Professor Manusco of the Society for Plant Neurobiology says that many plant cells are capable of neuron-like activity. “In plants, almost every cell is able to produce and propagate electrical signals. In roots, every single cell is able to do so.” He also confirms the initial findings of Bose that the phloem, the vascular system used to transport nutrients, is extremely electrically active, and results in fast electrical signaling. Professor Baluska also of the Society for Plant Neurobiology says: “It is some kind of huge axon, running from the shoot tip to the root tip.” Here again we see them trying to draw similarities with neurons. Referring to the phloem as a “huge axon” for example he is talking about the electrical signals that are known to propagate along nerve fibers by means of action potentials. This is electrical current caused by chemical potential differences in the fiber. But all the rest of the electrical activity he is talking about, especially in the roots, are actually biophotons (electromagnetic waves) emanating from the DNA, and have nothing whatsoever to do with a neuronal network.
Indeed, the Society for Plant Neurobiology has been forced to change its name to the Society of Plant Signaling and Behavior because of pressure from scientific colleagues. Professor Chamovitz at Tel Aviv University says that the term “plant neurobiology” is an oxymoron, plants just don’t have neurons. He does however recognize that plants can communicate with each other through invisible and undetectable means, that they can integrate sensory information even though they have no sensory organs, and that they have memory. He attributes the memory of the Venus flytrap for example to the buildup of molecules in the trap’s sensory hairs. When the build-up of molecules exceeds a threshold level it triggers an action potential that causes the trap to snap shut. But surely this is more likely to be something that can come directly from the DNA. In my book I describe the new field of optogenetics where it has been found that light (electromagnetic waves) can switch neurons on and off. In other words any action potential can be triggered by biophotons coming from the DNA. Biophotons are thus capable of causing electrical signals to propagate along “axon-like” fibers in the plant as well.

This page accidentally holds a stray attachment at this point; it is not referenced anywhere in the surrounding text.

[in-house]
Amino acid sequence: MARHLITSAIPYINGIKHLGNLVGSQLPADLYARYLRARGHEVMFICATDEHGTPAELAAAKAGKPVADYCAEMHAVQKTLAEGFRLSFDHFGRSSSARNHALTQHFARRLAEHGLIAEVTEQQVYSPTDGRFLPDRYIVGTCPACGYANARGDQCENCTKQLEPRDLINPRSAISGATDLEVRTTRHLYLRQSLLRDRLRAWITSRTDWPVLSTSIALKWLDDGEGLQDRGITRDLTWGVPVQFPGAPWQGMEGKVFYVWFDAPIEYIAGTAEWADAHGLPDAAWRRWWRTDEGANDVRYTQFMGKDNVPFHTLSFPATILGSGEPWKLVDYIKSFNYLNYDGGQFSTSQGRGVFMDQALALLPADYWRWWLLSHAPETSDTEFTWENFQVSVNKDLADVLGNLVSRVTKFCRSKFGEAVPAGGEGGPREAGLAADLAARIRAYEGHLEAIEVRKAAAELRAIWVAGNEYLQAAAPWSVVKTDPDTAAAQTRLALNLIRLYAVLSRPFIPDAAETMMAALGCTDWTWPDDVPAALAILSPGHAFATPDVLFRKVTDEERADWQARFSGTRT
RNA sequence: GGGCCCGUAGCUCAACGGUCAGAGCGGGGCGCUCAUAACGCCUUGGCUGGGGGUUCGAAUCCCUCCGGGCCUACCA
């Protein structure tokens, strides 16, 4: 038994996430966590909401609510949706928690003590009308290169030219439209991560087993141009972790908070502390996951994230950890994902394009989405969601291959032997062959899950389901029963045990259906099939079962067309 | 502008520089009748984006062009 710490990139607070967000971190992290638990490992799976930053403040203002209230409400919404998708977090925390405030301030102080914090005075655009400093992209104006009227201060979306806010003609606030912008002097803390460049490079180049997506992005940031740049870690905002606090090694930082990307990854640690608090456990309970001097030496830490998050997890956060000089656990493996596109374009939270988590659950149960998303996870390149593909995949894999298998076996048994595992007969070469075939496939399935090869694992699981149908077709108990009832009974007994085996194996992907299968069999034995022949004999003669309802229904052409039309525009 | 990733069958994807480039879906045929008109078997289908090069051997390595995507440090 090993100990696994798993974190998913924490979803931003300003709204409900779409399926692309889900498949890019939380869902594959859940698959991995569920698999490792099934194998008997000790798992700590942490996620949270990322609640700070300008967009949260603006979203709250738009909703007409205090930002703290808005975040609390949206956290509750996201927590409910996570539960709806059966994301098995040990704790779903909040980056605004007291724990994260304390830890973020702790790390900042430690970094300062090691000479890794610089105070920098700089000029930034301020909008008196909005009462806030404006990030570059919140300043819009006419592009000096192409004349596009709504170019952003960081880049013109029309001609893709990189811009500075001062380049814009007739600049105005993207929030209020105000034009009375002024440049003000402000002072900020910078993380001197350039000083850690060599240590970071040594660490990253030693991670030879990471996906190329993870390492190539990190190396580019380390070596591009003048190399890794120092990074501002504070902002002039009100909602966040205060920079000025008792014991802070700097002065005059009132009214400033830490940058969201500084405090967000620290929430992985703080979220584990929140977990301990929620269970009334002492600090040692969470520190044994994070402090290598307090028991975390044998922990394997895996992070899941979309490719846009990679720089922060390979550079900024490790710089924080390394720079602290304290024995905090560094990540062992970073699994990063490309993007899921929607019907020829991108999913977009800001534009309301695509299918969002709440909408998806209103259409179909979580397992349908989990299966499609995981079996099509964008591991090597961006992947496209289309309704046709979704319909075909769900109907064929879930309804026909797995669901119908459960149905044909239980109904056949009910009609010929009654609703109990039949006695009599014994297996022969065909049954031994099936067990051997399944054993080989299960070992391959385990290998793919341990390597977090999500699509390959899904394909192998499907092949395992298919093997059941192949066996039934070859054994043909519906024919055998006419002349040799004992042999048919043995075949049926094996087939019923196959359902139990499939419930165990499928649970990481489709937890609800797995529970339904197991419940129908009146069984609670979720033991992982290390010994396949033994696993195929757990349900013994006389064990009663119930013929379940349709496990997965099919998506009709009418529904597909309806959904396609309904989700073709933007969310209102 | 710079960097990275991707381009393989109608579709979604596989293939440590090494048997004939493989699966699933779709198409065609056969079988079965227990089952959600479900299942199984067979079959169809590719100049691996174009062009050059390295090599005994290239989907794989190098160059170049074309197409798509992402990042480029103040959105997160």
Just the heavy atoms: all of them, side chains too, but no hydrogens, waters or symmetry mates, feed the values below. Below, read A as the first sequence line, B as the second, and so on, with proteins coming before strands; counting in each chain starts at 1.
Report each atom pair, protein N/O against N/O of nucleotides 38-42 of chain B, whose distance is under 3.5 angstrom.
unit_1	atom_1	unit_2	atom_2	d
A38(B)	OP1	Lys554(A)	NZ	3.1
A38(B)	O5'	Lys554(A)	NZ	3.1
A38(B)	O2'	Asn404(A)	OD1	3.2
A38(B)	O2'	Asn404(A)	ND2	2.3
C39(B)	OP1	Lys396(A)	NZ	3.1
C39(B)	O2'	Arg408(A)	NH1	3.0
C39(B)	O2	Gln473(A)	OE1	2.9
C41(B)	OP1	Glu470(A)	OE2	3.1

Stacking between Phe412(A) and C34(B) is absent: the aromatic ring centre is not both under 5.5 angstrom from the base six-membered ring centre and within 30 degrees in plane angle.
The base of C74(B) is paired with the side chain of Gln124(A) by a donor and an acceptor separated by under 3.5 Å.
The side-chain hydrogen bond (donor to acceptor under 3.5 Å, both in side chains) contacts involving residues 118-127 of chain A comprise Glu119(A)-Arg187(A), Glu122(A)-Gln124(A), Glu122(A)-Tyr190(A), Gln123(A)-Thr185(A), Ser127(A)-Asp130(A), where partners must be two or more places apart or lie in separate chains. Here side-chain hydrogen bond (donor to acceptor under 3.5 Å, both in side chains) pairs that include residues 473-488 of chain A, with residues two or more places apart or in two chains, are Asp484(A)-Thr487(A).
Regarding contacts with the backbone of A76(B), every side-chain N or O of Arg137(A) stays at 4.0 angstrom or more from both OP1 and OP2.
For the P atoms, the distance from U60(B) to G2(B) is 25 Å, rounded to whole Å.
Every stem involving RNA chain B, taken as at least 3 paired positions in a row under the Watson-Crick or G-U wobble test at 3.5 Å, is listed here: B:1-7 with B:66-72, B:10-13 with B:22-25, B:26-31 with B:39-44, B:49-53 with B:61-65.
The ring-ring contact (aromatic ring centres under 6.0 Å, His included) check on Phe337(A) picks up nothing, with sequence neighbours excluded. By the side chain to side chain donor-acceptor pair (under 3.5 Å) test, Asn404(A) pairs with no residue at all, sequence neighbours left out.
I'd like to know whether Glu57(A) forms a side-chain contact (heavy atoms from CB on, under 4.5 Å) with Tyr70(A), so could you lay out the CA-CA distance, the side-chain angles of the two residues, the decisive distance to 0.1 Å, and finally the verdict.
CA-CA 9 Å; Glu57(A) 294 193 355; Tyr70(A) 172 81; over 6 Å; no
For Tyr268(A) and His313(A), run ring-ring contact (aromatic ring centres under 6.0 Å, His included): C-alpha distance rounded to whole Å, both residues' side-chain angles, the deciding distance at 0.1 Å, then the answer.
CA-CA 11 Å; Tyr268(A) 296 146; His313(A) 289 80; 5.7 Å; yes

The Society for Plant Neurobiology pointed out that plants can have long-term memories. Mimosa pudica, the touch-me-not plant can remember when it is being touched by something that it “knows” is non-threatening and won’t close its leaflets. “Even after one month, they were able to discriminate and be able to understand whether the stimulus was dangerous or not,” Manusco says.
Here again, although Professor Chamovitz admits that this is very clever of the touch-me-not plant, it is not intelligence. He says: “I don’t like the term plant intelligence. We don’t even know what intelligence is for humans. If you get five psychologists together you will get 20 different definitions.” Other scientists agree with him. Professor Murch of University of British Columbia is not convinced that plants have intelligence even though they have sensing, awareness, integration of information, long-term memory and adaptive learning.
The problem seems to be that although all these scientists agree that plants are displaying an awful lot of behavior that appears to be the product of intelligence, they are divided on this point that plants don’t have neurons and therefore can’t be intelligent. If it is not produced by a neuronal network, it is not intelligent: it is something else. Given all this seemingly intelligent behavior by plants without neurons, instead of bending over backwards trying to point out similarities in plant cells to neuron-like properties, shouldn’t they be asking the more basic question: “Well maybe intelligence does not come from the neurons after all. Plants do have DNA in common with intelligent animals like humans and snakes, and hamsters and whales. If plants are doing intelligent things just like these other animals, and in some cases doing things that these other animals can’t even do, then it must mean that all intelligence actually comes from the DNA.”